New coating absorbs 80% of radar radiation to help hide satellites

Scientists from the Changchun Institute of Optics, Fine Mechanics and Physics have learned to hide space satellites from radars.

In China, they are working on stealth technology for space. There are many ideas, from painting satellites black, coating them with graphene, to moving them in the radar shadow of space debris. The main problem is not to make the satellite invisible, but to hide it from radars.

It is noted that the technologies that are used for flights over the Earth, for example, for stealth aircraft, will not be suitable here. Also, a number of coatings cannot withstand vacuum, cosmic rays and sudden changes in temperature.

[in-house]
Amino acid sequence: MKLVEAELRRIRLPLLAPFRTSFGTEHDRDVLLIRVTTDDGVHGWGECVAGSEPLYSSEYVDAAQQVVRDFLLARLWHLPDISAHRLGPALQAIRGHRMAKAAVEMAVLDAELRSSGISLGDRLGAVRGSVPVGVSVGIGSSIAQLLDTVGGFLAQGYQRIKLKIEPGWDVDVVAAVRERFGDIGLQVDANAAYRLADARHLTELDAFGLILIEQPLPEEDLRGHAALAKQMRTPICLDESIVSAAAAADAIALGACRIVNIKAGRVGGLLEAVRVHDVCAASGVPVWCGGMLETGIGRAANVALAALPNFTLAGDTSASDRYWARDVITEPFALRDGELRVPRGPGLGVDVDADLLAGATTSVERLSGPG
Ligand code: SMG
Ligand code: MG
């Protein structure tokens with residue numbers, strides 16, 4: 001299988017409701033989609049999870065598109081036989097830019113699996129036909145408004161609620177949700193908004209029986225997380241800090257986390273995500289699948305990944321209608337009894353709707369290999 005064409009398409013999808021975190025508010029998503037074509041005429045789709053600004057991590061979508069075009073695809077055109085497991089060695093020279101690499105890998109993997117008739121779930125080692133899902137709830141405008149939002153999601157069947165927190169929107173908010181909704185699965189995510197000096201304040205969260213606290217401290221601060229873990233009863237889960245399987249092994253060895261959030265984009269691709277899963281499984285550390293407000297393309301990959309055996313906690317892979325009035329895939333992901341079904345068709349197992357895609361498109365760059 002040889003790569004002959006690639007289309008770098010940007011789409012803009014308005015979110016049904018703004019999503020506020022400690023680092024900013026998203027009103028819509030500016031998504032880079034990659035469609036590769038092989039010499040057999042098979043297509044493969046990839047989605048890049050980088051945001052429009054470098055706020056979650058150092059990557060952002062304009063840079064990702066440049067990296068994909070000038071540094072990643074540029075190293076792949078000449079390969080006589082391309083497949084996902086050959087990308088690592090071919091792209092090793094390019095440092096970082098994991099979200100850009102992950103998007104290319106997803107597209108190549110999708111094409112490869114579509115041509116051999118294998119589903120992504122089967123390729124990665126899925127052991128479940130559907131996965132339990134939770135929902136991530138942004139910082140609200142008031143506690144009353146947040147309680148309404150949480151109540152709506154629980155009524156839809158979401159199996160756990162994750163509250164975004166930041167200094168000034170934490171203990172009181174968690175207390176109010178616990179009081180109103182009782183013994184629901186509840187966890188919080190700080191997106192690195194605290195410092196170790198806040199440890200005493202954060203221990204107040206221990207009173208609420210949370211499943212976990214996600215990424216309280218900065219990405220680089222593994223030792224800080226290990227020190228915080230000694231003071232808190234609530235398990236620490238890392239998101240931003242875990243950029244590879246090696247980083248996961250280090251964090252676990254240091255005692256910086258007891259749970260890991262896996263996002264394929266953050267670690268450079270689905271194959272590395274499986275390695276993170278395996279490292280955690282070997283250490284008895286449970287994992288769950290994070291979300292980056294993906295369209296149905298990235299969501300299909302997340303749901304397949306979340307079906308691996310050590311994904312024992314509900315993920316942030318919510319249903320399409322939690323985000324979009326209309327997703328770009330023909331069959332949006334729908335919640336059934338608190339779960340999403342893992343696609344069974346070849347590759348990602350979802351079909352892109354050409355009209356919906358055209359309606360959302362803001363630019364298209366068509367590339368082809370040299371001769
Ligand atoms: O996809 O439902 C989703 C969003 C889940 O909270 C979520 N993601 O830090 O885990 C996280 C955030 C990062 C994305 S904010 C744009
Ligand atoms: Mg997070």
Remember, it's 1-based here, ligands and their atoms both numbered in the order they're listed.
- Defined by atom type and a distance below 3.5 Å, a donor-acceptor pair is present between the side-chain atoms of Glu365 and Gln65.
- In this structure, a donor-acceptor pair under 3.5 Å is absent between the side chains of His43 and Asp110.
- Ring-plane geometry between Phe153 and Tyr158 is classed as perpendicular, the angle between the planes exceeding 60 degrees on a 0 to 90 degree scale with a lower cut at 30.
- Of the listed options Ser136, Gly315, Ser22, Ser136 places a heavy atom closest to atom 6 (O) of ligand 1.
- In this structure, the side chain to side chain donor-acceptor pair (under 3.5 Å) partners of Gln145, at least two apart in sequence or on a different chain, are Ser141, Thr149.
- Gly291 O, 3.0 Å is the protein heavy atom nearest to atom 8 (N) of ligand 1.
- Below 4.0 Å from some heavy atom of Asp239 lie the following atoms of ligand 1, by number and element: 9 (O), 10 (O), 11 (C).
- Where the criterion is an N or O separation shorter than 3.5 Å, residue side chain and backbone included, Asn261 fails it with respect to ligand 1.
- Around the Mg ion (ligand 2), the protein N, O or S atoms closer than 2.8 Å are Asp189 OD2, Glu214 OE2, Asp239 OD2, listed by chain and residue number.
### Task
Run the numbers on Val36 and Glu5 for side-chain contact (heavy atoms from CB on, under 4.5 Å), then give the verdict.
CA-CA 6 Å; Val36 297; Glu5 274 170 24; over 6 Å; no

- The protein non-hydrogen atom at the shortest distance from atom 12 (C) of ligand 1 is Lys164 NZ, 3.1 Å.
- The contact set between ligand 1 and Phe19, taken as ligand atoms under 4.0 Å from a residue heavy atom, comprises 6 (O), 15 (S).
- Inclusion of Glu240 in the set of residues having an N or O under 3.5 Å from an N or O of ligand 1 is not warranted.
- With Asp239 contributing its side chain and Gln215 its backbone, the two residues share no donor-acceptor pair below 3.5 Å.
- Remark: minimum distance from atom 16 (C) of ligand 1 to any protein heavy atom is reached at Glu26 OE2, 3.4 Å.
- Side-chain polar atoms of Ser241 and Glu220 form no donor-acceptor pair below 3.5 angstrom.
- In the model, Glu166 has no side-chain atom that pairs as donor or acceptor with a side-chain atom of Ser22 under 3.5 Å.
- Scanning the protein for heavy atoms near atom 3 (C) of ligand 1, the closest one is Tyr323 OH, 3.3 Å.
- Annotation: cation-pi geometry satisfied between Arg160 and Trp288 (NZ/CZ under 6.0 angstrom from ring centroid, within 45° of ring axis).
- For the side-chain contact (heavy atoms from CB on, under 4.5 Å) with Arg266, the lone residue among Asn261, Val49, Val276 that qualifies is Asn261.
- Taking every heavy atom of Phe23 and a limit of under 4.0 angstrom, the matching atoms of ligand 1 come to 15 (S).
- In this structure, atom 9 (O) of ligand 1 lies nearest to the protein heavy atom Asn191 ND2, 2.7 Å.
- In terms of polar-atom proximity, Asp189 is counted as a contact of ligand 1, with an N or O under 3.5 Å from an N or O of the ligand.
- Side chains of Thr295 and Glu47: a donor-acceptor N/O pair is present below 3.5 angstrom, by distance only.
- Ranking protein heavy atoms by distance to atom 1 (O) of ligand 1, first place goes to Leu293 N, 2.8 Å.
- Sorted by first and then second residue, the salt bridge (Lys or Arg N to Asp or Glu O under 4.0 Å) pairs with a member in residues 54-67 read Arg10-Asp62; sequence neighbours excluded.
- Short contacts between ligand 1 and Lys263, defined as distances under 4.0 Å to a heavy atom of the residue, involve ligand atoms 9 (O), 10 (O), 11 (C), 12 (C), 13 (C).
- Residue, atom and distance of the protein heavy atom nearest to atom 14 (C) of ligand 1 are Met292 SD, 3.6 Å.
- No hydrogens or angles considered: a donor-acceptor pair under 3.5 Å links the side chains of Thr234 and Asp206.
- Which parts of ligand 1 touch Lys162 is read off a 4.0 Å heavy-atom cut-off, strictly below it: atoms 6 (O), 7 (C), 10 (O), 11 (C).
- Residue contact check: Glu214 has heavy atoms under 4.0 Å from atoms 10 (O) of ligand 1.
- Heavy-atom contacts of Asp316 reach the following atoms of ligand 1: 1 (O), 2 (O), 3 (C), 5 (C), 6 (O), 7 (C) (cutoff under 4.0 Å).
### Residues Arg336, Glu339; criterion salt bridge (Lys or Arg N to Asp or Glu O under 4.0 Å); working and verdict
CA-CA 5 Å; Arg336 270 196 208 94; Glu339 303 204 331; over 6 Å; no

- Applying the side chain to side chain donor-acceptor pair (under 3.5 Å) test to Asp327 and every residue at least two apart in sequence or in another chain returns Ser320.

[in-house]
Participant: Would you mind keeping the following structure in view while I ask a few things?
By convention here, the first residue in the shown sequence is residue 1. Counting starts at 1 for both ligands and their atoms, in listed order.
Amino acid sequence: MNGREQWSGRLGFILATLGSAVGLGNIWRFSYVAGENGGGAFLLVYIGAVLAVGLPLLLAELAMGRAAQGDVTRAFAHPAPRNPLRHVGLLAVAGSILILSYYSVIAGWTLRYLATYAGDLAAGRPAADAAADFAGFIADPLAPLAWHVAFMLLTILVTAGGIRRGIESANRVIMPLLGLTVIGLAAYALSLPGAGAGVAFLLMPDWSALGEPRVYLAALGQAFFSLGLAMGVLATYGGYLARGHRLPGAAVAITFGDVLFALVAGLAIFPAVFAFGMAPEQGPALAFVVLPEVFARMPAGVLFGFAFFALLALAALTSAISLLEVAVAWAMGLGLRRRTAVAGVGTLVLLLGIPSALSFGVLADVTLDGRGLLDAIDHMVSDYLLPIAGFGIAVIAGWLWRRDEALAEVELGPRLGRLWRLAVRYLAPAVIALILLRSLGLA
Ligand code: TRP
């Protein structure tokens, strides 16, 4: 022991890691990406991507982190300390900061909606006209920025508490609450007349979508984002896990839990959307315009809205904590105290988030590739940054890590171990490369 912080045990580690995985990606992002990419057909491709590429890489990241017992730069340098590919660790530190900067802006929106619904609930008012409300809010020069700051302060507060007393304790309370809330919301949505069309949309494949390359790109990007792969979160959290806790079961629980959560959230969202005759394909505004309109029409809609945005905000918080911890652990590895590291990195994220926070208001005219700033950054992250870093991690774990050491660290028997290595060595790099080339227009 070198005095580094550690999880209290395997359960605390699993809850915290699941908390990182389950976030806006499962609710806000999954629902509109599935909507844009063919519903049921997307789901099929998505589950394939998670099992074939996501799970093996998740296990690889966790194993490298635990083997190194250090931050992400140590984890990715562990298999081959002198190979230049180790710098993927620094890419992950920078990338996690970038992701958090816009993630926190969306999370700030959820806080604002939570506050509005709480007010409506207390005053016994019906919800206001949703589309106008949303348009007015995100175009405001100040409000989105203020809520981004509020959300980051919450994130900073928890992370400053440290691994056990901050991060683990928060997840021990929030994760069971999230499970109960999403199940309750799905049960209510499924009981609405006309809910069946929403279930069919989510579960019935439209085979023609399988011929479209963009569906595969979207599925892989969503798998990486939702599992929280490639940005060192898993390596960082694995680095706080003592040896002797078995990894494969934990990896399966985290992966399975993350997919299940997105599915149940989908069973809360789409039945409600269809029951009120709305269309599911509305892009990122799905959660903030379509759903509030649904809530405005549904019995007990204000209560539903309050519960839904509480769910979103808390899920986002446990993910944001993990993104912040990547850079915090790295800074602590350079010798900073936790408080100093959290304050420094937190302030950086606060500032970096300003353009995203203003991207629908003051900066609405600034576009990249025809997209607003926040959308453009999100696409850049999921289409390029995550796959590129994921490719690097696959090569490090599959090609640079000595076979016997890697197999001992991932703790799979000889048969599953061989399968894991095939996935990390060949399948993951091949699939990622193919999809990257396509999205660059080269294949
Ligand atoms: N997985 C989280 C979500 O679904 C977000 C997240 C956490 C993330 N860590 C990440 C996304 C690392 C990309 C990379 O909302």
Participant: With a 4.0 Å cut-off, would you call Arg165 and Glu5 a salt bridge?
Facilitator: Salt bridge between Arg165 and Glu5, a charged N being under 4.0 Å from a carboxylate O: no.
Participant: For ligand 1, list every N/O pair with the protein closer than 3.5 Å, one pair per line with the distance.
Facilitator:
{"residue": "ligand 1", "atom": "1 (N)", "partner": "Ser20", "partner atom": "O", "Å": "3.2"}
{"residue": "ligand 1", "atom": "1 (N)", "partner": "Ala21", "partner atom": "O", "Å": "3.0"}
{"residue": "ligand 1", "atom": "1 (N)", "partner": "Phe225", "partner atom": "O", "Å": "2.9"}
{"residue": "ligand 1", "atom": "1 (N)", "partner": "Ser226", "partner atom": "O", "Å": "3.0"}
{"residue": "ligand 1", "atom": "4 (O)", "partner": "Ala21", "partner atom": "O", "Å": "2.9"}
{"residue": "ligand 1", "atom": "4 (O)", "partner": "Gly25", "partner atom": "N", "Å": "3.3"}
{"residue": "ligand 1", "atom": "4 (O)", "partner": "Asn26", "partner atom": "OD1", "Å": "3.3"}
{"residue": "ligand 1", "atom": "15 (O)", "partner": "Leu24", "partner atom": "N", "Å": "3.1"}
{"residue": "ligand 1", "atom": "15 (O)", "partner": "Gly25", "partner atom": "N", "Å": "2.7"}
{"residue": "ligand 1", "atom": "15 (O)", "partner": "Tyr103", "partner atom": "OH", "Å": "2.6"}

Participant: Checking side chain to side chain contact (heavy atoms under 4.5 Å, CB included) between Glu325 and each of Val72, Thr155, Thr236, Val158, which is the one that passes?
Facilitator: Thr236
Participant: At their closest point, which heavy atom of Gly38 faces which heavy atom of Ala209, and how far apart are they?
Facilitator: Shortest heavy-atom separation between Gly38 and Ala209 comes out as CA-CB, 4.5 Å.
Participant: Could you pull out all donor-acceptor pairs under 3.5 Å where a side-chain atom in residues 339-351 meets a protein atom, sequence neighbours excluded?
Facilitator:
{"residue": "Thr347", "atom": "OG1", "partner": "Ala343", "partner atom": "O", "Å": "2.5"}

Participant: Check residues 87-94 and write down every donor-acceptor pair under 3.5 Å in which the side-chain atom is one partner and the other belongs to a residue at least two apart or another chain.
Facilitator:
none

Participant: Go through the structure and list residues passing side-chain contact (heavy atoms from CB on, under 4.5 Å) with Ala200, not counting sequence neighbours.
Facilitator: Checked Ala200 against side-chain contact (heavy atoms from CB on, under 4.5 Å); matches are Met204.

In the new work, scientists have created a multilayer honeycomb structure based on composite materials with the inclusion of paper and plastic, capable of absorbing up to 80% of radar radiation in the entire frequency range used today.

The weight of the coating has been reduced to 6 kg per 1m2, which is significantly less than that of the existing modern materials for radar invisibility.

They also created a transparent radar stealth coating for solar panels with a thickness of only 3 mm, but it remains resistant to bending and withstands impacts.

The researchers plan to continue working in this direction.

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Alexandr Ivanov earned his Licentiate Engineer in Systems and Computer Engineering from the Free International University of Moldova. Since 2013, Alexandr has been working as a freelance web programmer.
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Alexandr Ivanov

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